The machine operators sit in a nearby office -- an air-conditioned trailer – and operate the equipment via laptop computer and operator controls. The remote operator has several video screens to observe the work -- multiple cameras are utilized and mounted on the machines with magnets to enable good visibility -- and controls the machine as if he was seated in the cab. The cameras can ‘zoom’ and also ‘pan’ or sweep over an area if additional visibility is needed. In addition the site is constantly monitored using aerial drones that provide a bird’s-eye view of the work zone in high definition video, allowing operators to be aware of obstacles beyond the vision of the onboard cameras.
The project requires clearing about 980 acres, most of which will be done with the remotely operated equipment. The work began in June 2015 and was completed in early 2016. “Success in this project will lead to more near-term opportunities at Army sites in Georgia and Louisiana as well as longer term opportunities globally,” said Kevin Thieneman, president of Caterpillar Forest Products.
ARA worked with Caterpillar Forest Products so the company’s remote control kit essentially “would plug in and play,” said Greg Hewitt, ARA Unmanned Systems Group Leader. The control kit plugs into a data port, and the machine can be operated remotely at a distance as far as two miles. ARA has utilized a similar system in other applications, mainly for the military, including other Cat equipment. The ECC workers had not operated feller-bunchers before but were accustomed to the machines after four hours of rudimentary training provided by ARA, according to Hewitt.
The project illustrates the importance of the collaboration of Cat dealers. Milton Cat was not the first equipment dealer that ARA approached, noted James Egan, a forest products sales representative for Milton Cat at the company's location in Hopkinton, Mass. “They got shot down by other people who were not willing to go down this road with them. The biggest thing, I think...was Milton Cat’s ability to look outside the box and look at new options,” he added.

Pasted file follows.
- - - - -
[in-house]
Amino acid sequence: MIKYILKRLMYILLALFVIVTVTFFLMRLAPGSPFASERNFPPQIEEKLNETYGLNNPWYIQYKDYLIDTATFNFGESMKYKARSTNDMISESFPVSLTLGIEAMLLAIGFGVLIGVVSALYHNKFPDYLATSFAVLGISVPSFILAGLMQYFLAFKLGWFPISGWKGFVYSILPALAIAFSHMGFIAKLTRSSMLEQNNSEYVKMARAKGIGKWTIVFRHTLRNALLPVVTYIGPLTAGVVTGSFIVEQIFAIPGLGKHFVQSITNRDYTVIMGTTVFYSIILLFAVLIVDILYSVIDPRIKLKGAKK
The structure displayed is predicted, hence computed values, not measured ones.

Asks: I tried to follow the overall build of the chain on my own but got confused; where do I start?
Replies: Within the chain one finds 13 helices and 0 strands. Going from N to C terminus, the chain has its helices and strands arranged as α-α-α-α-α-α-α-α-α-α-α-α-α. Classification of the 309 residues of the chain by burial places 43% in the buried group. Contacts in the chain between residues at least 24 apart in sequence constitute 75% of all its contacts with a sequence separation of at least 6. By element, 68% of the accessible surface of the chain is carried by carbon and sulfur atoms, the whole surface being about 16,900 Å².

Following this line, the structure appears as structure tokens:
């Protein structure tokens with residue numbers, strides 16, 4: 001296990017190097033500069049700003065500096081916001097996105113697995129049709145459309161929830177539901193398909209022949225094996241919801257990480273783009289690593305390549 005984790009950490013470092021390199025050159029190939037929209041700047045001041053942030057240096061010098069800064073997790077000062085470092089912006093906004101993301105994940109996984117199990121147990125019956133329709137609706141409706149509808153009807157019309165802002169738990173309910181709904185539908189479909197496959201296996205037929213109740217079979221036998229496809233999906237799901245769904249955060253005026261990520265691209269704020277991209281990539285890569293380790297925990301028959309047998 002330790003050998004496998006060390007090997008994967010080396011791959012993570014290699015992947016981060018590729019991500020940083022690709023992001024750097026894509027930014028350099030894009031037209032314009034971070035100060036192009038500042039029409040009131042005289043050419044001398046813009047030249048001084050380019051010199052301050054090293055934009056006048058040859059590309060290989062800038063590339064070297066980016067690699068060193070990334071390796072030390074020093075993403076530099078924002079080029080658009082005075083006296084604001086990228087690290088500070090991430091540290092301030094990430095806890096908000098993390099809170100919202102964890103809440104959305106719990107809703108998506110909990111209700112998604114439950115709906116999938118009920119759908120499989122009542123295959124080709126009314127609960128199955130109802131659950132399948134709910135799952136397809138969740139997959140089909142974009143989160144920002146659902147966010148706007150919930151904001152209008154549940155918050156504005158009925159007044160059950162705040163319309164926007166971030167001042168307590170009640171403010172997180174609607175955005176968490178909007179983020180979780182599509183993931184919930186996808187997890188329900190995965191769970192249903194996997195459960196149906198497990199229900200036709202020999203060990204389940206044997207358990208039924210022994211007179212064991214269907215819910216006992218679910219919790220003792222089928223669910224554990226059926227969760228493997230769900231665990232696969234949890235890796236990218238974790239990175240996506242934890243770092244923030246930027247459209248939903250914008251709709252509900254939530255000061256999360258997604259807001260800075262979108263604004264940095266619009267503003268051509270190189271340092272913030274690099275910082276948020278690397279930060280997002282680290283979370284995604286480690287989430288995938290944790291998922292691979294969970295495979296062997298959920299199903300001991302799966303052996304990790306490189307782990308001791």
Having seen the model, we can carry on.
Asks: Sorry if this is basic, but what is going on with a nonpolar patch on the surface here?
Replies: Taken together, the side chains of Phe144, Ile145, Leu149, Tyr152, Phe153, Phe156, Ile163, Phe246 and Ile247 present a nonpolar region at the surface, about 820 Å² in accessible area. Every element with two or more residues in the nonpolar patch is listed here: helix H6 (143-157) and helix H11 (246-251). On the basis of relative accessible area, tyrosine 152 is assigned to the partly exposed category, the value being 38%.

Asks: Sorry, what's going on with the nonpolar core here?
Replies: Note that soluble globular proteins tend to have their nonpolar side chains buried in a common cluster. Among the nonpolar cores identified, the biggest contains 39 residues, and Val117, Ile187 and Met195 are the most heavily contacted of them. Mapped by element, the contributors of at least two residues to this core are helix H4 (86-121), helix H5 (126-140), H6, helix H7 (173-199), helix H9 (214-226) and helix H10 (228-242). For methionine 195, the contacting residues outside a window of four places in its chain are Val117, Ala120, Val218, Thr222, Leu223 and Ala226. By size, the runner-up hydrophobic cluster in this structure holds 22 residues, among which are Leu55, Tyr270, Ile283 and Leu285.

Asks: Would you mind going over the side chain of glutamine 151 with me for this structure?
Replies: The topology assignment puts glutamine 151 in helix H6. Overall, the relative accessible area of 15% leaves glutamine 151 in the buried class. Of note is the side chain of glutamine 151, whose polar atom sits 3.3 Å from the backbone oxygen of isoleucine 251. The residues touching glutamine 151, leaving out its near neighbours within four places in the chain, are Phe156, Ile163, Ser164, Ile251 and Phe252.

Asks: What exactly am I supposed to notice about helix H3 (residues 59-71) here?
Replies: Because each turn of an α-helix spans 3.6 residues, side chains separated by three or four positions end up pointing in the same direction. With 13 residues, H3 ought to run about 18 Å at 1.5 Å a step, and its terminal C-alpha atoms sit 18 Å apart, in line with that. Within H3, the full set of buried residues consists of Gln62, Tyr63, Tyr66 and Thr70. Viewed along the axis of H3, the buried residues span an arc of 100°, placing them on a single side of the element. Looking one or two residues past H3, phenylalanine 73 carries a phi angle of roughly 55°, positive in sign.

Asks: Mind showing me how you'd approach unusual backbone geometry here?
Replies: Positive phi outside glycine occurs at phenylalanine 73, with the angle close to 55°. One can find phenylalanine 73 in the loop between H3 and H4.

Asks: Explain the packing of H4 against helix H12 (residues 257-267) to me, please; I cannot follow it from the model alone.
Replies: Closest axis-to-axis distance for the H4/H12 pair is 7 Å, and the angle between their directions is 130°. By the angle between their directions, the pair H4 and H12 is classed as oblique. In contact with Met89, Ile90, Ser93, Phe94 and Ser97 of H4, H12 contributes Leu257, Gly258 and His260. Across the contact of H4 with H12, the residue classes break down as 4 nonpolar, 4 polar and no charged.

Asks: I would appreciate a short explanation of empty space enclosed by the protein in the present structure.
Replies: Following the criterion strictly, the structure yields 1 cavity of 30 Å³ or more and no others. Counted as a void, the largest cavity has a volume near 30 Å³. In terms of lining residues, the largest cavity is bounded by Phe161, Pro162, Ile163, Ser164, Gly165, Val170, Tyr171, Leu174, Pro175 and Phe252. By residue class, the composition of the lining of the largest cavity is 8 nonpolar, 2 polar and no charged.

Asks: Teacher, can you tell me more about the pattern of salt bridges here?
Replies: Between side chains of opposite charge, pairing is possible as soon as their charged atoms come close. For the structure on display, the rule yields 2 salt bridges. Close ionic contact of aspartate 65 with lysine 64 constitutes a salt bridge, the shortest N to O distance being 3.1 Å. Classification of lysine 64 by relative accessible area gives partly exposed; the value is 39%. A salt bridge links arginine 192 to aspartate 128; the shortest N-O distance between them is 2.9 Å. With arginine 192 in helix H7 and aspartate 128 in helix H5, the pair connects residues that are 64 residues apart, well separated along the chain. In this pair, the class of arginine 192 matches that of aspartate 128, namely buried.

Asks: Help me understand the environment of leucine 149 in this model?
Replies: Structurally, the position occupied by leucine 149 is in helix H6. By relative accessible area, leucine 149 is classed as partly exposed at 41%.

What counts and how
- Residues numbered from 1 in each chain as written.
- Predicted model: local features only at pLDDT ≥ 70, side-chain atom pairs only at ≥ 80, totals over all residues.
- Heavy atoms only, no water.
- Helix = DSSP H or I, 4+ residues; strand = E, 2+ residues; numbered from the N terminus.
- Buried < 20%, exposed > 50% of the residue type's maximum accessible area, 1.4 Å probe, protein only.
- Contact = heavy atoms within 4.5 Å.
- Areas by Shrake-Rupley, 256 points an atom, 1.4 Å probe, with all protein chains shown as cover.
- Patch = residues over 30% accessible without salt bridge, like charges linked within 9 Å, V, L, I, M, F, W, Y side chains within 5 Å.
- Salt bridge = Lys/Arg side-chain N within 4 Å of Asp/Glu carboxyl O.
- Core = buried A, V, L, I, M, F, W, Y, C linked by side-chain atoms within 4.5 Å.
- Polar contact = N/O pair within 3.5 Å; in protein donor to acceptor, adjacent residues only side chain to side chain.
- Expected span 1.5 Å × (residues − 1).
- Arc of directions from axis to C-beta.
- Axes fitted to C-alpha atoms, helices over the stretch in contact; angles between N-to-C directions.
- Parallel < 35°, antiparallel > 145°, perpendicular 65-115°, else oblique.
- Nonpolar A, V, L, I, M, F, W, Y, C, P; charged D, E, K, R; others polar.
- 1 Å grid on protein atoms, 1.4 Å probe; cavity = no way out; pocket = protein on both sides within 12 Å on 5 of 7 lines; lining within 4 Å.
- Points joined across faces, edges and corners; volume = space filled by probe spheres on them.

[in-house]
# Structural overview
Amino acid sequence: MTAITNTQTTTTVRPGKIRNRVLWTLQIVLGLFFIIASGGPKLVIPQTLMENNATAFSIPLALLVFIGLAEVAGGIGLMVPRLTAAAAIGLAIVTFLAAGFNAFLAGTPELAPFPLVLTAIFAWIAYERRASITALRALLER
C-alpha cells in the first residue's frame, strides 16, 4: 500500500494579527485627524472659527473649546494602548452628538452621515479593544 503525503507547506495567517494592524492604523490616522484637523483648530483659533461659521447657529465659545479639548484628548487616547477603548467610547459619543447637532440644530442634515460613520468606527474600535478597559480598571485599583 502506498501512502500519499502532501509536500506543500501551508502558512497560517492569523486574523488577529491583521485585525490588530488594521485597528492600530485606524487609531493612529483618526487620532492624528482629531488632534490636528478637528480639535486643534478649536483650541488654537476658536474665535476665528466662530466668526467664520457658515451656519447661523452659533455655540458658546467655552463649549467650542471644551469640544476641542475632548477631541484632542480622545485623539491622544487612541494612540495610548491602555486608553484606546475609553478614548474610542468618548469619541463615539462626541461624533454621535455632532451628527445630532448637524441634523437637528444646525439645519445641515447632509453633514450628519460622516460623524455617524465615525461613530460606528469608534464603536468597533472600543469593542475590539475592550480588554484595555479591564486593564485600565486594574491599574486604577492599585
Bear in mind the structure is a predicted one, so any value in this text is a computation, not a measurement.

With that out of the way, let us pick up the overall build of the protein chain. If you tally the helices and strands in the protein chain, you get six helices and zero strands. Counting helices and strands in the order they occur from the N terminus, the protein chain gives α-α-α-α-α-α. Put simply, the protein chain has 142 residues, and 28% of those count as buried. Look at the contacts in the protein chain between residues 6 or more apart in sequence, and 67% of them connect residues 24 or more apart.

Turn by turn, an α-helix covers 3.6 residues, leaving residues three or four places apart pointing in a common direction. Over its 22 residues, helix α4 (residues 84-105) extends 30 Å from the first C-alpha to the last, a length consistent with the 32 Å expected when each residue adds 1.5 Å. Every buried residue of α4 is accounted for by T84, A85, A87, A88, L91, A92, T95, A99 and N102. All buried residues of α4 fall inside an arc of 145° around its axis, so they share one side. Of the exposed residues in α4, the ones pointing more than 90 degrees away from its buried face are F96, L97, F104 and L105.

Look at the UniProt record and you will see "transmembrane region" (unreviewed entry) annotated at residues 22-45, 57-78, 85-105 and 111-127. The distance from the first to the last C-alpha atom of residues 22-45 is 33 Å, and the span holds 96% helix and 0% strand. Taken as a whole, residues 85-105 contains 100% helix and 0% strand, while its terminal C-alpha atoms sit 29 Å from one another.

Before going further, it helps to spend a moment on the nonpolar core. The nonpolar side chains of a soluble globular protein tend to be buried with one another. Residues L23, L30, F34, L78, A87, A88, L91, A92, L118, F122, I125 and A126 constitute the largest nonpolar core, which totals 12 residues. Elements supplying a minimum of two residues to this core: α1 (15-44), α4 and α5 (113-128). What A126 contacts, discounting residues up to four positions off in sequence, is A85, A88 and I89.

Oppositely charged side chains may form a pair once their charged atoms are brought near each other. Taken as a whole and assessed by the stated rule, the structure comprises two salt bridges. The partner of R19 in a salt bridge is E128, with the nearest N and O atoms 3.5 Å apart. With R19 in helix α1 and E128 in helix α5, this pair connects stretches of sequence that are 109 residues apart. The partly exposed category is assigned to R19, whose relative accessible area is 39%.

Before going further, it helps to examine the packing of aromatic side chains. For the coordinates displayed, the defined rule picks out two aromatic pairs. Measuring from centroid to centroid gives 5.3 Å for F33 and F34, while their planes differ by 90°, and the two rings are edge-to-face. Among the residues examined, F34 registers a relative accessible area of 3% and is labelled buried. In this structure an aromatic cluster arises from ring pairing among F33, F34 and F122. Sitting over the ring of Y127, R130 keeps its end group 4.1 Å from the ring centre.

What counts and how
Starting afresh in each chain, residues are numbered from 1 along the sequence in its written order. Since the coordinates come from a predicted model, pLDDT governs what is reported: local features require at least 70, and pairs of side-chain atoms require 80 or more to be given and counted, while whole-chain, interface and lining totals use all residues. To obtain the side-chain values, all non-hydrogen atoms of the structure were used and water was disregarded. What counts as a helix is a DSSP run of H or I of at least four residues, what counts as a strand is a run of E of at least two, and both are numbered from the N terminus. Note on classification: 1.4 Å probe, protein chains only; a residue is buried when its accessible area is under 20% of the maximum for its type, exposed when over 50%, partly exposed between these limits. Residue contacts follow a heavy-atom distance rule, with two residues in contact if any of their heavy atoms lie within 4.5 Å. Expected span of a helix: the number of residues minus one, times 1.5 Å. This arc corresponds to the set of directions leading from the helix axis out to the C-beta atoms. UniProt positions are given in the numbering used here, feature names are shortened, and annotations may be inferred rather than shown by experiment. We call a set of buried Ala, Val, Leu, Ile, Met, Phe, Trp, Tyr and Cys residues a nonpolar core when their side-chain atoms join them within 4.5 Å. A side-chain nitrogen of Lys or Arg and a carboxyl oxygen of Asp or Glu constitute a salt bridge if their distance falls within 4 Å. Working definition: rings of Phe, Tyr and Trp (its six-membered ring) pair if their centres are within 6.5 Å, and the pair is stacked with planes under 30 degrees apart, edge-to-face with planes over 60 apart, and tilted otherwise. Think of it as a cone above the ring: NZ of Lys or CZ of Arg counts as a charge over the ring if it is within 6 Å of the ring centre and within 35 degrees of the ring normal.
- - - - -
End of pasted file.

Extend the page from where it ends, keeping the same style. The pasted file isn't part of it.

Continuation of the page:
Caterpillar Forest Products is advancing this technology to develop a purpose-built steep slope package. The benefit of the technology in such an application parallels the Fort Bragg application: it removes the operator from a hazardous environment and ensures his safety. Instead of working in the cab of a machine navigating steep terrain or manually felling timber with a chain saw, the logger would be located nearby and operate the machine remotely, completely safe.
Safety for operators is the paramount concern, Egan agreed. “Remote control definitely eliminates...danger.” Whether it is steep slope logging, demolishing buildings, removing toxic waste or unexploded ordnance, mining or other tasks, any application that can help eliminate hazards to an operator “is a good place for remote control,” observed Egan.
Aside from using remote controlled machines to mitigate hazardous work environments, the technology may have wider application for the forestry industry, which has difficulty recruiting, training, and retaining good equipment operators. “There are some people who think it might be a good idea to turn a logger into an office worker,” said Egan, the equipment operators potentially running a machine from home or an office environment up to 100 miles away.
Dan Dructor, executive vice president of the American Loggers Council, echoed that sentiment. He has heard talk about remote control forestry equipment, he indicated. “Most talk comes from contractors when they are having labor problems...wishing everything could be remote controlled.”